The Dakota Access Pipeline protest camp north of the Standing Rock Sioux Reservation is down to about 300 people and might be empty by Jan. 1.
During a meeting Tuesday with North Dakota Gov. Jack Dalrymple, five tribal council members and various state and county officials, David Archambault, Standing Rock tribal chairman, told the governor that protesters are leaving the camp which once held an estimated 10,000 people.
The purpose of the nearly three-hour-long meeting held at the Morton County and Mandan Law Enforcement Center was to discuss ways to begin rebuilding the relationship between the state and the Standing Rock Sioux Tribe.
“Long after the issues surrounding the Dakota Access Pipeline are resolved, the state and the Standing Rock Sioux Tribal Council must work together,” Dalrymple said. “We must look beyond current tensions surrounding this pipeline project and value the relationships that are critical to advancing the important work of the state and the Standing Rock Tribal Council.”
Despite blizzard conditions and sub-zero temperatures, there are reports that through social media, some protesters are being encouraged to stay at the camp north of the Standing Rock Sioux Reservation located on U.S. Army Corps of Engineers property.
A group of North Dakota law enforcement officials this week sent a strongly worded letter to Pres. Barack Obama asking for federal support. They noted that on Nov. 25, the Corps of Engineers sent a letter to Archambault requesting that the protest camp be closed by Dec. 5. The Corps later said it had no plans to forcibly evict the protesters.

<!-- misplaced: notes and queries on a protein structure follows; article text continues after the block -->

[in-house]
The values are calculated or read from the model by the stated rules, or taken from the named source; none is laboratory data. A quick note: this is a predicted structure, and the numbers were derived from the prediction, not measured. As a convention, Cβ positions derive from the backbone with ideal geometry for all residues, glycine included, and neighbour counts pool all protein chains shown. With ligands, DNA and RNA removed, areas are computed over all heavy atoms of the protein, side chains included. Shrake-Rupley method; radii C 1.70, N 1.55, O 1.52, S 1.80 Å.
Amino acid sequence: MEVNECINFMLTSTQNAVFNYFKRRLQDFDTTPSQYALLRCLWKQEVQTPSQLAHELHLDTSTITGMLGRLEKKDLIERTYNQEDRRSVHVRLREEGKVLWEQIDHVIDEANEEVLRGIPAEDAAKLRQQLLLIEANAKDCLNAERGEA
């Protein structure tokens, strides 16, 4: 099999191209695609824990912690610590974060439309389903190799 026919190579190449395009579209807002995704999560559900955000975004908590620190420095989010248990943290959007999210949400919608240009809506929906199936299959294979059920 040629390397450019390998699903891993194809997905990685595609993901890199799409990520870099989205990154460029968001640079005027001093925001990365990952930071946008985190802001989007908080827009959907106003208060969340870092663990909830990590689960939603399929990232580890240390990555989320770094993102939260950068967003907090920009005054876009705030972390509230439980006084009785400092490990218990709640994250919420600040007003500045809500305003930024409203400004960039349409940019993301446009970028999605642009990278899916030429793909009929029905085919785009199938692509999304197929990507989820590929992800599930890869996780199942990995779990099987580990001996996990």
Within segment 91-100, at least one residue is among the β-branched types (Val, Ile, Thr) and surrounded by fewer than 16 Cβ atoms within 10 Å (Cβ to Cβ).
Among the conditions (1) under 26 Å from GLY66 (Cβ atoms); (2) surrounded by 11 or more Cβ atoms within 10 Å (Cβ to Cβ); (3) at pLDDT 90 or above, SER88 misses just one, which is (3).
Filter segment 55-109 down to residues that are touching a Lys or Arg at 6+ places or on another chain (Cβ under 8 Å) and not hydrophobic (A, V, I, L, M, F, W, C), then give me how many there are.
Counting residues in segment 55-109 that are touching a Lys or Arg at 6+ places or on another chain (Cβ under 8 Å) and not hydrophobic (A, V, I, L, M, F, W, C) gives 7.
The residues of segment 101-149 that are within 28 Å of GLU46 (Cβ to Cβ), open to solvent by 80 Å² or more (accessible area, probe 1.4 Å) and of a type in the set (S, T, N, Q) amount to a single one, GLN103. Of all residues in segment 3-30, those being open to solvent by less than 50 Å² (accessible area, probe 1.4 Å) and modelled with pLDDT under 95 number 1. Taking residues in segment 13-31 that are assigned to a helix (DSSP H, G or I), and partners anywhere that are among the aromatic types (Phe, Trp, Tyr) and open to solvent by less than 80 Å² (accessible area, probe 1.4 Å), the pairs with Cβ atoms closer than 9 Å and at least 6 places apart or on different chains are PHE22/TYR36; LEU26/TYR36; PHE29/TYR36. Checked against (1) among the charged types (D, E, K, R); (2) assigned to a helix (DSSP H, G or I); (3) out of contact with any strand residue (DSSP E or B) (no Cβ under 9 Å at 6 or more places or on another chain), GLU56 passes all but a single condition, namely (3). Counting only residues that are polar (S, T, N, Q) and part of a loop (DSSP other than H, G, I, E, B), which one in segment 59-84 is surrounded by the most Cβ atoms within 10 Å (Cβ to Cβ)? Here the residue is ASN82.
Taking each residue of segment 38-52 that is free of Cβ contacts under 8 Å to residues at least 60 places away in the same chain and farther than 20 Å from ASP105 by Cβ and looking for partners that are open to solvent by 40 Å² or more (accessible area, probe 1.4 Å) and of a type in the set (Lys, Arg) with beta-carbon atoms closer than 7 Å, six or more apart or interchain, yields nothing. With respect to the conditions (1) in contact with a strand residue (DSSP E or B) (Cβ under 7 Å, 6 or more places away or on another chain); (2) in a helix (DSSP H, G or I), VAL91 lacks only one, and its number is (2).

“We cannot express strongly enough our need for financial assistance and additional manpower in order to follow through on the demands made in the November 25th letter and respond to the increasingly dangerous situation developing on federal land owned by the Corps,” the letter said. “Specifically, the support of one hundred Border Patrol agents and members of the U.S. Marshal Special Operations Group would allow us to maintain effective control over this situation.”
The letter—signed by five county sheriffs, six city police chiefs and the head of the North Dakota Highway Patrol—noted that the law enforcement agencies have responded to and supported federal authorities when they’ve requested help.
“Unfortunately, we have seen just the opposite from our federal leaders during this trying time,” the letter said. “It appears they are more responsive to social media rhetoric and misinformation than they are to facts and pleas for assistance from fellow law abiding government officials.”
The letter also said, “The federal government’s response to the events in our community has been appalling, and it is abundantly clear they have no interest in helping the citizens of North Dakota. Frankly, our federal leaders should be ashamed of their lack of response to a dangerous crisis currently in progress on their own soil.”
Dalrymple said the meeting with Archambault and tribal officials was constructive and an important step toward rebuilding long-term relationships.
“It was also helpful to discuss the public safety concerns surrounding the pipeline protest camp on federal property,” he added.